> Posted by Lizzy Bolze, Project Specialist, Investing in Inclusive Finance, CFI

Digital trends in the African financial inclusion sector are evolving quickly. With the entrance of fintech startups and a more tech savvy client base, the role of corporate governance is more important than ever. As David Kombanie, Board Member of VisionFund put it: “Disruptive innovations are here with us. It’s change or die.”

Kombanie, along with more than 50 CEOs, board members, investors, fintech leaders, and regulators from Africa’s financial inclusion industry, engaged in a peer-learning exchange roundtable, Governing in a Digital World. This video provides an overview of discussions and key takeaways from the participants:

Governance for Financial Service Providers in a Digital World

The roundtable’s peer-to-peer exchanges provided three important governance considerations and recommendations for the boards of financial service providers (FSPs) as they evolve with the digital world:

Develop a Digital Strategy

Many FSPs aren’t adequately prepared for the disruption created as technologies enter the market. At the same time, it’s important not to digitize for the sake of digitizing. Boards of FSPs should have a clear strategy and understanding of how digitization can improve product offerings and back office operations. Their role is to provide leadership and expertise to guide the institution in developing and implementing a digital strategy. Change management and gaining knowledge about technology are key components for such success.

Ensure Board Leadership and Expertise

Understanding and filling technology knowledge gaps on the board is crucial for ensuring strategic leadership of the FSP. Boards should be evaluating their competitive advantage, rather than following trends. Rohit Acharay, co-founder of First Access says that answering the questions: “What are we good at, who are our customers, and how do we create products that really serve them…?” is the first evaluating step for FSP boards to take.

Better Utilize Data to Serve Clients

Fintech startups serving low-income clients use data to gain competitive advantage. In contrast, many FSPs have an abundance of underutilized data that could be leveraged to better segment clients. For example, different levels of human touch and support may be needed for different client segments.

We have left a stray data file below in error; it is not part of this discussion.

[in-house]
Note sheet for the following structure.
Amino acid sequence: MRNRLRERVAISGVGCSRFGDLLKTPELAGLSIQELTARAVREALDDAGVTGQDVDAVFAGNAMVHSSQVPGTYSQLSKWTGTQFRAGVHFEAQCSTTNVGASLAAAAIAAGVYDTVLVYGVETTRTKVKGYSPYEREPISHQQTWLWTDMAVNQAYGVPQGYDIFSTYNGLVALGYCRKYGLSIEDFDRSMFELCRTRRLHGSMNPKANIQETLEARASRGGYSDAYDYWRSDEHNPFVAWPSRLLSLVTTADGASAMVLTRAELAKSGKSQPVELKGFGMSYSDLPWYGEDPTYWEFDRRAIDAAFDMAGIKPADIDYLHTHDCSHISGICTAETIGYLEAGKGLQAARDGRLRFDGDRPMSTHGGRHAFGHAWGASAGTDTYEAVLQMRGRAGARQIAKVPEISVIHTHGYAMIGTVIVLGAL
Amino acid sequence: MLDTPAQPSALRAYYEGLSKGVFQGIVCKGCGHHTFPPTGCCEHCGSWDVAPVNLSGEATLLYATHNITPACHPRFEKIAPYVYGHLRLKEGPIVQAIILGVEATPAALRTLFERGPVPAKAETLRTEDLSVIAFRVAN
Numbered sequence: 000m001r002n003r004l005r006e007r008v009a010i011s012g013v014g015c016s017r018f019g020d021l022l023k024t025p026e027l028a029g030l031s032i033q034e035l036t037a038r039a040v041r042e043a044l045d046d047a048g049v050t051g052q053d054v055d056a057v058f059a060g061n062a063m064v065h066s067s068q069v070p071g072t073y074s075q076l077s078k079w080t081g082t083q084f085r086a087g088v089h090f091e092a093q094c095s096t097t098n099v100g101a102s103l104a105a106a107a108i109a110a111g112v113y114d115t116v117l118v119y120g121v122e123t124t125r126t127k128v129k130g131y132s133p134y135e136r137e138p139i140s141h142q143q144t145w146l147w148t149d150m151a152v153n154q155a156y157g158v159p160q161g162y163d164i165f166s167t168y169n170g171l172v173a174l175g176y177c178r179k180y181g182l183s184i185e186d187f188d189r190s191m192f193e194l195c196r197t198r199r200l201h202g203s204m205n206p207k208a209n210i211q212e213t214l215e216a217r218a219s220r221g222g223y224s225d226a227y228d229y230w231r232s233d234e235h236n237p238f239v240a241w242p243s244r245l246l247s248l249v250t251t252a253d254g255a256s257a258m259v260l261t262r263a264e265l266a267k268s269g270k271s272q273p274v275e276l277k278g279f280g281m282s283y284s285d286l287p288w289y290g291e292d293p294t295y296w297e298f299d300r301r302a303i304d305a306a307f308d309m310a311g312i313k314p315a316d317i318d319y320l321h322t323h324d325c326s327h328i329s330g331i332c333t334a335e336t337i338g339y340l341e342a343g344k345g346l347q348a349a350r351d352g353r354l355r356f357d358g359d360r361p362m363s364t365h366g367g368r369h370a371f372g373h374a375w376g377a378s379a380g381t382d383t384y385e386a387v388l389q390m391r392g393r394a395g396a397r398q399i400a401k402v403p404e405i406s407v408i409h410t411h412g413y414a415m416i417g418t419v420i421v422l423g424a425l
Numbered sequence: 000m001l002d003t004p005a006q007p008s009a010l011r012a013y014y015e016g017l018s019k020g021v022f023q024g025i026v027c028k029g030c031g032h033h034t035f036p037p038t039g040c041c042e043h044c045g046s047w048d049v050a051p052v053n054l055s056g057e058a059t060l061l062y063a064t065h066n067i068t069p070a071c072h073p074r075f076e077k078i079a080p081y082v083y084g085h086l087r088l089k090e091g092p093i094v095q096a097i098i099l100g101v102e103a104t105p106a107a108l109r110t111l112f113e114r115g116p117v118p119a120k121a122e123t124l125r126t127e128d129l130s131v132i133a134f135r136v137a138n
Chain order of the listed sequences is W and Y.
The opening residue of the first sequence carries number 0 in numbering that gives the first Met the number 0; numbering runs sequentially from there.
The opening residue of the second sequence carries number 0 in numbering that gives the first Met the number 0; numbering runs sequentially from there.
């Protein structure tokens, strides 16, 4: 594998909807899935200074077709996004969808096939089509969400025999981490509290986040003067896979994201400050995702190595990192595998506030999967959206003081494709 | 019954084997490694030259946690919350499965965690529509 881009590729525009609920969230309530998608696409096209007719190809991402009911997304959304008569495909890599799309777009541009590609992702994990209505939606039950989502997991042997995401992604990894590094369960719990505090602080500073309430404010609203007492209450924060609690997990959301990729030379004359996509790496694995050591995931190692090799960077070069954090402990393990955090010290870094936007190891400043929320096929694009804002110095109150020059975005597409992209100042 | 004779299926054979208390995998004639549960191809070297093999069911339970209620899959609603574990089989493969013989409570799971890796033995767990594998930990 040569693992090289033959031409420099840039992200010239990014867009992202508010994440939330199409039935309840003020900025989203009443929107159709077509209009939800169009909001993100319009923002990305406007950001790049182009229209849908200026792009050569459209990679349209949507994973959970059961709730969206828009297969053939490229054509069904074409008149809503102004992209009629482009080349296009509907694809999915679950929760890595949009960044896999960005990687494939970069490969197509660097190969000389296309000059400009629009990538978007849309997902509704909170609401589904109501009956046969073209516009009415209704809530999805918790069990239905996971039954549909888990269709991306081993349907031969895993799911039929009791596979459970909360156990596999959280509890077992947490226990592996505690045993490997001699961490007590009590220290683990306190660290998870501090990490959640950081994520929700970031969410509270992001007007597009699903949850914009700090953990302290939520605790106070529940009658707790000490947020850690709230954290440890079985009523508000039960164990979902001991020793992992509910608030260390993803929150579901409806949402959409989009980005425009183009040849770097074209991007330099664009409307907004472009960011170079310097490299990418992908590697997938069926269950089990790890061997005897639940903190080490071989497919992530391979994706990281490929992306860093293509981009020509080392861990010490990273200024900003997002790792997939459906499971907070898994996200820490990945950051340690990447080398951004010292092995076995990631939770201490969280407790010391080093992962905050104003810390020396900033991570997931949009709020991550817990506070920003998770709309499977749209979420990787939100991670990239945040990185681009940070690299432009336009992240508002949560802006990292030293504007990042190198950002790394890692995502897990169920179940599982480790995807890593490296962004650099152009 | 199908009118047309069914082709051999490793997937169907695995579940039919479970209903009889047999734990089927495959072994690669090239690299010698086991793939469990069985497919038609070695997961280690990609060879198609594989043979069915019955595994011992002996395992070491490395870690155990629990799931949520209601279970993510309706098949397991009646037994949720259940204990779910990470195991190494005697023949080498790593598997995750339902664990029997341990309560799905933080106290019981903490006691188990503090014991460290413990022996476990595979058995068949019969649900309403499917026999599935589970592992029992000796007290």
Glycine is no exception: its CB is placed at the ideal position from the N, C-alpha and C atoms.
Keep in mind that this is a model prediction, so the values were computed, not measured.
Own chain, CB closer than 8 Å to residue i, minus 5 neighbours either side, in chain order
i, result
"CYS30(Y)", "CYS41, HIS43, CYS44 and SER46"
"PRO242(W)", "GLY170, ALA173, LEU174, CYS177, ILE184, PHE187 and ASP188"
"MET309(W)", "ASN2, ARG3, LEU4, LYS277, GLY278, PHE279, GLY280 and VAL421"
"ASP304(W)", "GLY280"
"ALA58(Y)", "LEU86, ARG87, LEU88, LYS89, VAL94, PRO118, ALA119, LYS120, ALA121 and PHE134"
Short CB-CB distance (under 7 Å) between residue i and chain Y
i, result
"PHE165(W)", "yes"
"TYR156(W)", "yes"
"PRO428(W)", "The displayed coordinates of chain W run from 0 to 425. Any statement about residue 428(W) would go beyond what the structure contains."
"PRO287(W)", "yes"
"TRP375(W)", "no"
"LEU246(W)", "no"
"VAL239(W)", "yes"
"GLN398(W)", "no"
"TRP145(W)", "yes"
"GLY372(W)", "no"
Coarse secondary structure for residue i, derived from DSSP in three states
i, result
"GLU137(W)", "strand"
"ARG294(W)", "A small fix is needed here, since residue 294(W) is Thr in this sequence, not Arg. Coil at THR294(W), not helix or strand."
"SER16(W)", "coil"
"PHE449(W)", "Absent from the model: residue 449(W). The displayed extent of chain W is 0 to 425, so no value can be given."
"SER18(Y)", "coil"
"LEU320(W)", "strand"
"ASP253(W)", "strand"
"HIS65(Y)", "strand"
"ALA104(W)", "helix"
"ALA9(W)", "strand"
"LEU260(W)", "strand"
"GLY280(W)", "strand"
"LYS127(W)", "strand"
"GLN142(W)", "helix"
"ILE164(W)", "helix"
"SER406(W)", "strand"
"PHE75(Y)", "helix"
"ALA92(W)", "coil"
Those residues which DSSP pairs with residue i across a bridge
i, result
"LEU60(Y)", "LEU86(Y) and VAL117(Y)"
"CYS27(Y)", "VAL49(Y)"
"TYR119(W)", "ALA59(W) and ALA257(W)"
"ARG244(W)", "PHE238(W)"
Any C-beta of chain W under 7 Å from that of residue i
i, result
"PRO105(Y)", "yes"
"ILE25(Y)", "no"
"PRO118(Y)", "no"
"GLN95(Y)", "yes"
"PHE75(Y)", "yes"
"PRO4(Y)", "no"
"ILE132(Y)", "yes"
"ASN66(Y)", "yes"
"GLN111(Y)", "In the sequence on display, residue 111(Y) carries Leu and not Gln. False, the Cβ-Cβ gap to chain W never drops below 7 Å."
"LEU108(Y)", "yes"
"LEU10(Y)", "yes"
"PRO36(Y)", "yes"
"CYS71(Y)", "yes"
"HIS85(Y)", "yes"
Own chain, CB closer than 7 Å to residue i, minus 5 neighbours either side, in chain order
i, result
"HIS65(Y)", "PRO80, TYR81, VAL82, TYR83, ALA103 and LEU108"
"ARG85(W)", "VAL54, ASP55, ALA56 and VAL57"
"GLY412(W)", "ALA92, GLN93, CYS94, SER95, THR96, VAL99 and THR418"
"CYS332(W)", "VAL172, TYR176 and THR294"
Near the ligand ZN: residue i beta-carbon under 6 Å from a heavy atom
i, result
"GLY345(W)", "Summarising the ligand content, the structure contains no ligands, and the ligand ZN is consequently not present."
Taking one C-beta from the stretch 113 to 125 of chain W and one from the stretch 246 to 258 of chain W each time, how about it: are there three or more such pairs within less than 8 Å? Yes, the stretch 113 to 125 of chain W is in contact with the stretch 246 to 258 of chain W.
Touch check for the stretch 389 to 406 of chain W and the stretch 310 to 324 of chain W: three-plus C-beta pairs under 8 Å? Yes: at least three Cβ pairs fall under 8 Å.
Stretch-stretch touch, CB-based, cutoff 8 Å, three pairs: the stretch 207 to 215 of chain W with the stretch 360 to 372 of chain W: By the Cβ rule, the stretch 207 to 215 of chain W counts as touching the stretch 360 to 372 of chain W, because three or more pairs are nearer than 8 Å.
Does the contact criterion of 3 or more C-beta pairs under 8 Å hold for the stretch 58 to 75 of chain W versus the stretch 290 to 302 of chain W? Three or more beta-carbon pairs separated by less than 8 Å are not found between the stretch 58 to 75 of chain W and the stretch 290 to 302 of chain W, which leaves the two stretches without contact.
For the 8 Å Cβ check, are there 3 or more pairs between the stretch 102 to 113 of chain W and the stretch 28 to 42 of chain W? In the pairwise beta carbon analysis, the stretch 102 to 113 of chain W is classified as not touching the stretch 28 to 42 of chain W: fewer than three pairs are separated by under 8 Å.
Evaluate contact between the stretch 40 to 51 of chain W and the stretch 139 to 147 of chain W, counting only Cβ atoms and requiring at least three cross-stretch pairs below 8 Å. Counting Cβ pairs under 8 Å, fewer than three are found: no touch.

Governance for Fintech Startups

For start-ups, building a technologically-advanced product isn’t enough. It’s also important to focus on building governance structures while navigating regulation and prioritizing client centricity. Key governance recommendations for fintech and innovative startups include:

Engage with Regulators

Regulation tends to lag new players entering the financial inclusion sector. However, regulations inevitably will catch up, and fintechs need to be proactive in doing things ‘right’ initially to avoid regulatory trouble later on. Paul Lamont, Director of Digital Services for Accion in Africa, noted that because some disruptive technologies “move faster than regulation” it’s important for fintechs to build close working relationships with regulators to stay aligned with evolving regulatory environments and provide perspective to regulators about pushing the boundaries that drive financial inclusion. Fintechs should ensure the lines of communication with regulators remain open so that there is a clear understanding of the products and services offered.

Ensure Board Independence and Diversity

It is crucial to have independent voices on the board with diverse perspectives and backgrounds who can provide insights, especially on what’s happening on the ground. It is also essential to have board members who are able to make important introductions and connections, and can provide a sounding board and checks and balances for the founder(s) or CEO.

Consider Partnership Opportunities

There are many partnerships opportunities – especially around data usage – for fintechs and FSPs. As mentioned, many FSPs are collecting a lot of data about clients but aren’t effectively using it. Some fintechs have developed a more streamlined and insightful process for utilizing client data that could greatly benefit FSPs. With financial inclusion-focused FSPs and fintechs aiming for the same goals for their clients, it’s important to establish an ecosystem through partnerships to better understand strengths, weaknesses and opportunities to work together.

By practicing good governance, FSPs and fintech startups have the opportunity to evolve with the digital world and continue to play an important role for the future of financial inclusion.

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